The Maritime History of the Great Lakes
Daily News (Kingston, ON), July 4, 1872

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p.1 According to a Buffalo paper Lake Ontario has a monster wallowing about in it. It was seen lifting itself to the height of fifty feet out of the water, bellowing and blowing water, at the same time lashing the water to a foam. This is pleasant for those who may live on the lake shore. It is surprising these wonderful sights should always be seen from the Yankee side.

-rivalry between Oswego and Buffalo over their canals - [Globe]

p.2 Marine News

Messrs. Jones and Miller's wharf - The schr. George C. Finney, from Chicago, with 20,191 bushels of corn is the only arrival.

Messrs. Coulthurst and Macphie's wharf - The schr. J. Bigler, laden with 21,644 bushels of corn, from Chicago, reached here yesterday. The schr. H.B. Rathbun sailed for Hamilton with 838 bars of railroad iron; the barges Mohawk, for Montreal, 22,450 bushels of corn; the Powerful, for Montreal, 19,117 bushels of corn.

Montreal Transportation Company's wharf - Arrivals - Schrs. G.L. Wren, Milwaukee, 14,400 bush of wheat; Annie Mulvey, Chicago, 17,185 bush of corn; Valentine, Toledo, 17,085 bush do. Departures per tug line - barges McCarthy, 16,128 bush corn; Advance, 13,167 bush do.

Messrs. James Swift and Co's wharf - Passed up - Steamers Corinthian and Spartan. Passed down - tug W.T. Robb and propeller Indian. The schr. William Elgin arrived with 300 tons of coal from Cleveland.

Accident To Propeller St. Lawrence - Whilst the propeller St. Lawrence was proceeding up the lake on Monday evening, near the Main Ducks, the head of her piston broke, disabling her to such an extent that she was obliged to return to this port for repairs to do which will occupy fully a week, the work having to be performed in Montreal.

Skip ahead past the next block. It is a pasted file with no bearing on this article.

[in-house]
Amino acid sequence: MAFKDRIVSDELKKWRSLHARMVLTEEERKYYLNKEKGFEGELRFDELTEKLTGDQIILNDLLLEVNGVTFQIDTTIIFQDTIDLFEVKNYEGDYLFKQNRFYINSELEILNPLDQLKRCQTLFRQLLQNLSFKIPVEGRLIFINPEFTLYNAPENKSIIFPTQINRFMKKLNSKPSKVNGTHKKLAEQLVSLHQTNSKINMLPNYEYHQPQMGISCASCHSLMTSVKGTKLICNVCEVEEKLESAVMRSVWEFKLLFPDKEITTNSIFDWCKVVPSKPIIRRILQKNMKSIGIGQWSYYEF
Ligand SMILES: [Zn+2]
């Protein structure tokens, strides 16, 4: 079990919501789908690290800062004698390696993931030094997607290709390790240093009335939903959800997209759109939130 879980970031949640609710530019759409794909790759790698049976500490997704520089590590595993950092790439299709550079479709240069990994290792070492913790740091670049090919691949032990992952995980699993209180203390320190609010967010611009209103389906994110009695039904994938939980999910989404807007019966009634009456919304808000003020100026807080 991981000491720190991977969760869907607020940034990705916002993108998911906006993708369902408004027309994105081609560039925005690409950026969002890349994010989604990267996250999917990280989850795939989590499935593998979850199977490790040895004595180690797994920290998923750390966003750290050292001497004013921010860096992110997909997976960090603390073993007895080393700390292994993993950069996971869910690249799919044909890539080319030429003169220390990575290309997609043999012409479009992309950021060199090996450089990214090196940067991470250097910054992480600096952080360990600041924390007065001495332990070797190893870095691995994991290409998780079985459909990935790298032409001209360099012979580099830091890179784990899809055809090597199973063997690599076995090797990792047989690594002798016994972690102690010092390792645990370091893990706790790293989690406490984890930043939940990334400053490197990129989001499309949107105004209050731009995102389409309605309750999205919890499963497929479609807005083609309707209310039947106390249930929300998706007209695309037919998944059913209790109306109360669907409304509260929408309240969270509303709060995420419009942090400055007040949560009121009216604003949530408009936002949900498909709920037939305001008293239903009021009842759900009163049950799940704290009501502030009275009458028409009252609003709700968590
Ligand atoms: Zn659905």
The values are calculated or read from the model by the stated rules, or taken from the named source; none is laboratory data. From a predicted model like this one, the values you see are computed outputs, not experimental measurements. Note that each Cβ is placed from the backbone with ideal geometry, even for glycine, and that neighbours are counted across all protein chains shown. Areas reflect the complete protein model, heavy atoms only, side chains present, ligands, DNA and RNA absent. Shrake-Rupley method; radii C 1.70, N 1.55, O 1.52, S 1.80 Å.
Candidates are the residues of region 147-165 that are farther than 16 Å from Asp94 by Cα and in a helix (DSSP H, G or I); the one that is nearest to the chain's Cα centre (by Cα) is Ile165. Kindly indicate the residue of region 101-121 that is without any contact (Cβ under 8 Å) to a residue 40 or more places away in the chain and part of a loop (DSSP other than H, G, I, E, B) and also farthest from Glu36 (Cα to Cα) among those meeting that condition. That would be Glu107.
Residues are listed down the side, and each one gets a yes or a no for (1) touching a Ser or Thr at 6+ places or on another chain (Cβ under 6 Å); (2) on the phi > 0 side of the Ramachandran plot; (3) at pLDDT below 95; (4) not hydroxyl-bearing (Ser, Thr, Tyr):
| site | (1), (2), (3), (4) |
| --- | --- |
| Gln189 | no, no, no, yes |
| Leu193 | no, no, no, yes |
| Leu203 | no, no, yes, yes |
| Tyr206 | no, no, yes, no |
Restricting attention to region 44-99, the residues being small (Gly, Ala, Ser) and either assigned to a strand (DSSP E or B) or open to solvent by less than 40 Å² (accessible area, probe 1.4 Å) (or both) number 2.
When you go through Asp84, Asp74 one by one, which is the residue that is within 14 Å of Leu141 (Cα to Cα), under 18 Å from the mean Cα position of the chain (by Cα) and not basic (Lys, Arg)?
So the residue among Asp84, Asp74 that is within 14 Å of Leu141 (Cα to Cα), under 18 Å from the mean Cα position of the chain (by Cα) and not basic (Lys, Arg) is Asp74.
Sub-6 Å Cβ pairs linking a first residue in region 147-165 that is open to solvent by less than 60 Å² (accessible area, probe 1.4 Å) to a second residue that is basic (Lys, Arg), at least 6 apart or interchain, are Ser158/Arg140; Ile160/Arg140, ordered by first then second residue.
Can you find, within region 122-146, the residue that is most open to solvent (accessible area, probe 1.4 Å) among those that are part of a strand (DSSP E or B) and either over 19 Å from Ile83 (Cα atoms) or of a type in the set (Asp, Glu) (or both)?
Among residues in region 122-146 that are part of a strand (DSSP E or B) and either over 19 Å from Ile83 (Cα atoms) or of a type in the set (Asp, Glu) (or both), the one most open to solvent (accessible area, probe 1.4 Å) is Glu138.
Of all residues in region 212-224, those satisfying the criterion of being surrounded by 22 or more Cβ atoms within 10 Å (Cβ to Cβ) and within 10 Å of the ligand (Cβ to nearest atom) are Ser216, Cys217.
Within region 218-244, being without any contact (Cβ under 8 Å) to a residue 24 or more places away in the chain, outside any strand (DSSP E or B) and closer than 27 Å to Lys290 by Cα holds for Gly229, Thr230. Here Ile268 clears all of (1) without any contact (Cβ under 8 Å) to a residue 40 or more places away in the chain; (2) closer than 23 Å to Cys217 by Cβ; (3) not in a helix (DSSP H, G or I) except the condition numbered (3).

On the Wrong Side - Reports have come to hand on one or two occasions of late that vessels have been discovered with their signal lights improperly arranged or on the wrong side, causing more or less confusion on the part of approaching vessels, the liability of collisions, and, in one instance at least, of a vessel, the Forest Maid, being run down. Such blunders are of the worst kind, and those offending should be held rigidly to account. The man who does not know that the red light belongs to the port side and the green to the starboard should not be intrusted with any responsible position on ship board.

Port Colborne, July 3rd - Down - Propellers Michigan, Toledo, Ogdensburg, gen. cargo; schr. W. Fitzhugh, Chicago, Kingston, corn; John J. Mott, Milwaukee, Oswego, corn; J. Miller, Chicago, Kingston, corn; Knight Templar, Chicago, Oswego, corn; Delos Dewolf, Milwaukee, Oswego, wheat; Miami, Chicago, Kingston, wheat; propeller Georgian, Port Stanley, Montreal, gen. cargo; schr. Onward, Milwaukee, Kingston, wheat.

Up - Schrs. Tailor, Great Western, Canal Coat (sic), China, schrs. Hibernia, Grenada, J.A. Macdonald, Port Rowan, schr. King Sisters, Albacore, propeller City of Montreal, Bristol, schr. Jane McLeod, barque St. Lawrence.

At elevator - Schr. Thomas Parsons, barque Winona.

Canada & The Grain Trade - Canada is taking trade; U.S. should be looking after their interests. [Rochester Union]

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July 4, 1872
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Rick Neilson
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Public domain: Copyright has expired according to the applicable Canadian or American laws. No restrictions on use.
Maritime History of the Great Lakes
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Daily News (Kingston, ON), July 4, 1872